More Sales, Less Time: Surprisingly Simple Strategies for Today's Crazy-Busy Sellers

More Sales, Less Time: Surprisingly Simple Strategies for Today's Crazy-Busy Sellers

by Jill Konrath
More Sales, Less Time: Surprisingly Simple Strategies for Today's Crazy-Busy Sellers

More Sales, Less Time: Surprisingly Simple Strategies for Today's Crazy-Busy Sellers

by Jill Konrath



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"I felt like time was taunting me: 'Behind again? You'll never get it all done.' I worked harder and longer hours, sacrificing my limited personal time to stay ahead of the game. Still, it wasn't sufficient. My work just kept expanding, demanding more of me. I could never seem to call it a day.

In my entire career, I'd never faced a sales problem of this magnitude."

Sound familiar? If so, you're probably an overwhelmed seller. Your clients expect more, with faster turnarounds. Your quota keeps going up. You need to leverage social media, keep up-to-date on your industry, figure out how to sell new products and services, and learn all the latest technologies. The demands are never-ending. You could work nonstop around the clock and still not get it all done. It's a huge problem faced by experienced sales pros, busy entrepreneurs, and sales rookies. If you don't stay on top of your time, it's tough to make your numbers, let alone blow them away.

Konrath, a globally recognized sales consultant and speaker, knew she needed help, but found that advice aimed at typical workers didn't work for her—or for others who needed to sell for a living. Salespeople need their own productivity guidelines adapted to the fast-paced, always-on sales world. So Konrath experimented relentlessly to discover the best time-savers and sales hacks in order to deliver the first productivity guide specifically for sales success.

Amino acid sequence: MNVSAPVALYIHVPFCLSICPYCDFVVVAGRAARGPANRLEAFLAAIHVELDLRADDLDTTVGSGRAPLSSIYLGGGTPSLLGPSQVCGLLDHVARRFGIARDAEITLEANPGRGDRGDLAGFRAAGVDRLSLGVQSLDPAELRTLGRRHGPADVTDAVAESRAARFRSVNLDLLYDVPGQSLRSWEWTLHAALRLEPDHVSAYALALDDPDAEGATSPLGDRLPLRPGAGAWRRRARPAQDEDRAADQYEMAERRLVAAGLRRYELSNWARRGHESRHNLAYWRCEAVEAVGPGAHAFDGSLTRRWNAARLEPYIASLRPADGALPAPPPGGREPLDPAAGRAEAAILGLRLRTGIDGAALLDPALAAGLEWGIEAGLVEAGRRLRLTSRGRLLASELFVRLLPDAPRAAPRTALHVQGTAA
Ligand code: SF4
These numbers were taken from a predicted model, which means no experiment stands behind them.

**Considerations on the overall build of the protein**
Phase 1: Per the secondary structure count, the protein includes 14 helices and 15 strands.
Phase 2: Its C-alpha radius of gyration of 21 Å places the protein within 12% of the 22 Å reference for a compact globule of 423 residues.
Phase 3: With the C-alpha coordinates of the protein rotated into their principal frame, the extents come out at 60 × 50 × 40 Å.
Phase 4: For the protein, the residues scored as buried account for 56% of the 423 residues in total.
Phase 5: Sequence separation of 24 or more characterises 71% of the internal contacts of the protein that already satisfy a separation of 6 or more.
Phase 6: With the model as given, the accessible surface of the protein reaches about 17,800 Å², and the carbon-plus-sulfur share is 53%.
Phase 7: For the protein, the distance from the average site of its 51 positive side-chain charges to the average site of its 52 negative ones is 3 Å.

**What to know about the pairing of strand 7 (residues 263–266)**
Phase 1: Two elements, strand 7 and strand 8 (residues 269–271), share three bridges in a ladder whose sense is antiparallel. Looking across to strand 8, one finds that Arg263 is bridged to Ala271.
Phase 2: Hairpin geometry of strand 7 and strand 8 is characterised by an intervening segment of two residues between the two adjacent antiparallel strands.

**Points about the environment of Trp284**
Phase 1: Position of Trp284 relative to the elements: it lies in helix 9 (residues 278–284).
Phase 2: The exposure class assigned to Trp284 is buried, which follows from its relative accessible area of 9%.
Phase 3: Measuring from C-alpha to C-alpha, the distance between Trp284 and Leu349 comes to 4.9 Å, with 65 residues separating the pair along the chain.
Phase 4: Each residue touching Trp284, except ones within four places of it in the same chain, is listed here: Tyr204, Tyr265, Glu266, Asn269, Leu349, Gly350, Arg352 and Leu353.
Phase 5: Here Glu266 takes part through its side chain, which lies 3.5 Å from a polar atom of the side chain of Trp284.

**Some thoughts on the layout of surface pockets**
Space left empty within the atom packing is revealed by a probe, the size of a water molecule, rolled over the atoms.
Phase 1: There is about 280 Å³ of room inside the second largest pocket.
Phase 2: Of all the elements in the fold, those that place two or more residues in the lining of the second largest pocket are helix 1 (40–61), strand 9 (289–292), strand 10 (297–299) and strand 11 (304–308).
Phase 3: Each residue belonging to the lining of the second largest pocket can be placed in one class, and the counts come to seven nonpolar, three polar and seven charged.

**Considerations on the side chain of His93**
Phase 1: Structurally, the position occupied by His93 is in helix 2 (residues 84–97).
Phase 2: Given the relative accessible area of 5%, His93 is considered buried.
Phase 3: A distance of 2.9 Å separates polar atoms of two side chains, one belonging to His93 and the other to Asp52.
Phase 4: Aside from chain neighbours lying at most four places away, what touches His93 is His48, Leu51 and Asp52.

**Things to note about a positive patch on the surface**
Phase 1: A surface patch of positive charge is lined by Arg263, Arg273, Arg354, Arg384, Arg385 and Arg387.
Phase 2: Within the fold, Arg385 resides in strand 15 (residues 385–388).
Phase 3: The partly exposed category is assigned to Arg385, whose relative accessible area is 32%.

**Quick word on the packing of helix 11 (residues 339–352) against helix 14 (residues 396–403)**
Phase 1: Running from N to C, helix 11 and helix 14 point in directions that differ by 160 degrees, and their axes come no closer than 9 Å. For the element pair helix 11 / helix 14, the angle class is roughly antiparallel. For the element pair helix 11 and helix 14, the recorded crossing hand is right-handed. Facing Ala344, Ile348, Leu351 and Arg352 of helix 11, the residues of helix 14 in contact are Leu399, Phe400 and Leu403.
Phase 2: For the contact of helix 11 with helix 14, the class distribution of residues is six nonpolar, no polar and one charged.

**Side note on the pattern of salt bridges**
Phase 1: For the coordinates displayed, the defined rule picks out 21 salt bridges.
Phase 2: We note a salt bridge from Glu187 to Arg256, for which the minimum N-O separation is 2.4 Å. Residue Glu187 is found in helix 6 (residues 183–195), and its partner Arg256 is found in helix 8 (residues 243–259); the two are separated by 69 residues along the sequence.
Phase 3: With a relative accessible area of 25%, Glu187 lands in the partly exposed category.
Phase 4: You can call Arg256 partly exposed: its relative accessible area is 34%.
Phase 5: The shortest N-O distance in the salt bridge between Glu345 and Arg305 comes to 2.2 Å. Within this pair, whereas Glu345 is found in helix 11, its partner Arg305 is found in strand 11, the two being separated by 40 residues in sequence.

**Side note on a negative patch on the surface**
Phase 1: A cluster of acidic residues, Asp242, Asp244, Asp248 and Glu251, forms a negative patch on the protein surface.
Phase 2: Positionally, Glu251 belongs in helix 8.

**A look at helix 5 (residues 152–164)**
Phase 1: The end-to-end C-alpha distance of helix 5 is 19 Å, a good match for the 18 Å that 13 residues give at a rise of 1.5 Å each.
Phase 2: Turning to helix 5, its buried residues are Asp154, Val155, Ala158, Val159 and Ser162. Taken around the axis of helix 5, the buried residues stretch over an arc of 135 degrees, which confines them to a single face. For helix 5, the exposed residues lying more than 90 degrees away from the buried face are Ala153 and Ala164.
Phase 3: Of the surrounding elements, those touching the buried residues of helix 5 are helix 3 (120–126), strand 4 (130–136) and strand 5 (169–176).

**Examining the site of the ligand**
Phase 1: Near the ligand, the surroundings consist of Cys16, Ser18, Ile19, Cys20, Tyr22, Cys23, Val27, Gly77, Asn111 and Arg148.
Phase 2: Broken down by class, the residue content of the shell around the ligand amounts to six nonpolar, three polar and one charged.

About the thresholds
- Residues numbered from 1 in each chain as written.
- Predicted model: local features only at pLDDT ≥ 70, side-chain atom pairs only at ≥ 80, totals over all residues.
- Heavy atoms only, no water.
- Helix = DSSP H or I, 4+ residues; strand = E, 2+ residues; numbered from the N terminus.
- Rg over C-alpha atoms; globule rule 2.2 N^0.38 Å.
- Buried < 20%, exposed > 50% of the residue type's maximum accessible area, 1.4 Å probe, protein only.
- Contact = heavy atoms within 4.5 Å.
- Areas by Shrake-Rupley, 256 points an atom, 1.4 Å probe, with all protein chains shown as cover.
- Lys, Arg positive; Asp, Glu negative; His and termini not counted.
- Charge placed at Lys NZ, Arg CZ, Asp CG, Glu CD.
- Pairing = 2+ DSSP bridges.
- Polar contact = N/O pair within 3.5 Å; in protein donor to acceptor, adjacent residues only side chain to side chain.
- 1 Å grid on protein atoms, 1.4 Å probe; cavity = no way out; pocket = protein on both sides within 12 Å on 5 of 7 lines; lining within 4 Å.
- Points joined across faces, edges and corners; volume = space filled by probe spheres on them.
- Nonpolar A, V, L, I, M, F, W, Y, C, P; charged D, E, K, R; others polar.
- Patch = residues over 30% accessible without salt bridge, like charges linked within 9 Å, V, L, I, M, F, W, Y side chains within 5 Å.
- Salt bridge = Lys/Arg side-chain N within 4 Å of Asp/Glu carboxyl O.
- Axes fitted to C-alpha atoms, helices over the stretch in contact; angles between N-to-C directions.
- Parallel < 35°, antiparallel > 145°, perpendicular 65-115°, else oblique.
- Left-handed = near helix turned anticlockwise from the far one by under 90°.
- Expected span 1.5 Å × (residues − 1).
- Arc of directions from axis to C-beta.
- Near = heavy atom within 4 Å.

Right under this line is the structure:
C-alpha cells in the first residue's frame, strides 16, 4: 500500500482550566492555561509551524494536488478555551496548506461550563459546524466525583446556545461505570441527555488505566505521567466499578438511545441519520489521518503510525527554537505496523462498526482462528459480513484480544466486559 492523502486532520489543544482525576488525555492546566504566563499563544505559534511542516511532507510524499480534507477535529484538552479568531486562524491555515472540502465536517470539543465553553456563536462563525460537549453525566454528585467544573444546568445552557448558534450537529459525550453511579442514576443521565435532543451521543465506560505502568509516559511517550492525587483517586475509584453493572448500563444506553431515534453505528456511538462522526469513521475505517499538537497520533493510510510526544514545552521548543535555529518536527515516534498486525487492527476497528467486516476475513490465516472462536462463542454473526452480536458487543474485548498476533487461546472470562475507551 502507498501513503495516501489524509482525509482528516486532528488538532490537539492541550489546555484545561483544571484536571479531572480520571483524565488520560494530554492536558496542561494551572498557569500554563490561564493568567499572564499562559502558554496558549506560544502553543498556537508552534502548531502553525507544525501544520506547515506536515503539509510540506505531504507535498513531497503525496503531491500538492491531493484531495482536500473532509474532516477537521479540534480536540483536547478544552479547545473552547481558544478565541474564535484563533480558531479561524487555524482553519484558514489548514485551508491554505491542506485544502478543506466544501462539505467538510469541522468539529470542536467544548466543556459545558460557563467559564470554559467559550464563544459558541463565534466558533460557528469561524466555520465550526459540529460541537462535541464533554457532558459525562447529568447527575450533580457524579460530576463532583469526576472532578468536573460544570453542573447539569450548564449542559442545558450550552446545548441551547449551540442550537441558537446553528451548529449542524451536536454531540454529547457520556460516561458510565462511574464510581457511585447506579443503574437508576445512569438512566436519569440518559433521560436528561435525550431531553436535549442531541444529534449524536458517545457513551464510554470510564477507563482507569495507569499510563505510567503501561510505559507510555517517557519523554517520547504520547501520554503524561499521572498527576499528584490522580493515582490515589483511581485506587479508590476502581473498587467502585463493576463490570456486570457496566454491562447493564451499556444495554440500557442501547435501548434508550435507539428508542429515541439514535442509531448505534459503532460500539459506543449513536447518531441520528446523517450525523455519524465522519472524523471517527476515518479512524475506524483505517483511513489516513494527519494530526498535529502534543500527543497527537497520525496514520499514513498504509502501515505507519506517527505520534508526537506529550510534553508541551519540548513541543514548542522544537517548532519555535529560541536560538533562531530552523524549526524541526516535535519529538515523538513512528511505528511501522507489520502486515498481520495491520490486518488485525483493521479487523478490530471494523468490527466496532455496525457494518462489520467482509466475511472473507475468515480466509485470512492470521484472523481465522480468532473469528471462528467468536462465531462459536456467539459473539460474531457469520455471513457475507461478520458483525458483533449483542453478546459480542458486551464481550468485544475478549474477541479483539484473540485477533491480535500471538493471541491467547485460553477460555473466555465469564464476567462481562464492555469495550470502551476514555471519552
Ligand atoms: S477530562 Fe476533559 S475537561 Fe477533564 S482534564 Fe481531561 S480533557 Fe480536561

In More Sales, Less Time, Konrath blends cutting-edge behavioral research with her own deep knowledge of sales to teach you how to succeed in this age of distraction. You'll discover how to: 

• Reclaim a minimum of one hour per day by eliminating major time sucks and changing the way you tackle e-mail and social media.

• Free up time to focus on activities that have the highest impact on your sales results, such as preparing, researching, strategizing, and connecting with customers.

• Optimize your sales processes to eliminate redundancies and wasted time.

• Transform your mind-set to effortlessly incorporate new, more productive habits; leverage your best brainpower; and stay at the top of your sales game. 

Konrath helps you develop strategies specifically tailored to your life in sales, using your strengths to cut through the feeling of being overwhelmed. All salespeople have the same number of hours in a day; it's up to you to rescue your time to sell smarter.

Product Details

ISBN-13: 9780698155602
Publisher: Penguin Publishing Group
Publication date: 12/06/2016
Sold by: Penguin Group
Format: eBook
Pages: 256
Sales rank: 969,645
File size: 615 KB

About the Author

Jill Konrath is an in-demand speaker at sales conferences and kickoff meetings. Her previous books include Selling to Big Companies (one of Fortune's "Must Reads" for sellers), SNAP Selling, and Agile Selling. Wth over a quarter of a million LinkedIn followers and well over one hundred thousand blog readers, her fresh strategies make a global impact.

Read an Excerpt


A Crazy-Busy Confession

Every time someone would ask me, "How's it going?" I'd answer with a smile and a twinkle in my eye: "Crazy busy!" It was like I was wearing this as a badge of honor. In some perverse way, it made me feel important to say that.

While I might have fooled others that my life was great, I didn't fool myself. Underneath my chipper exterior, I was struggling.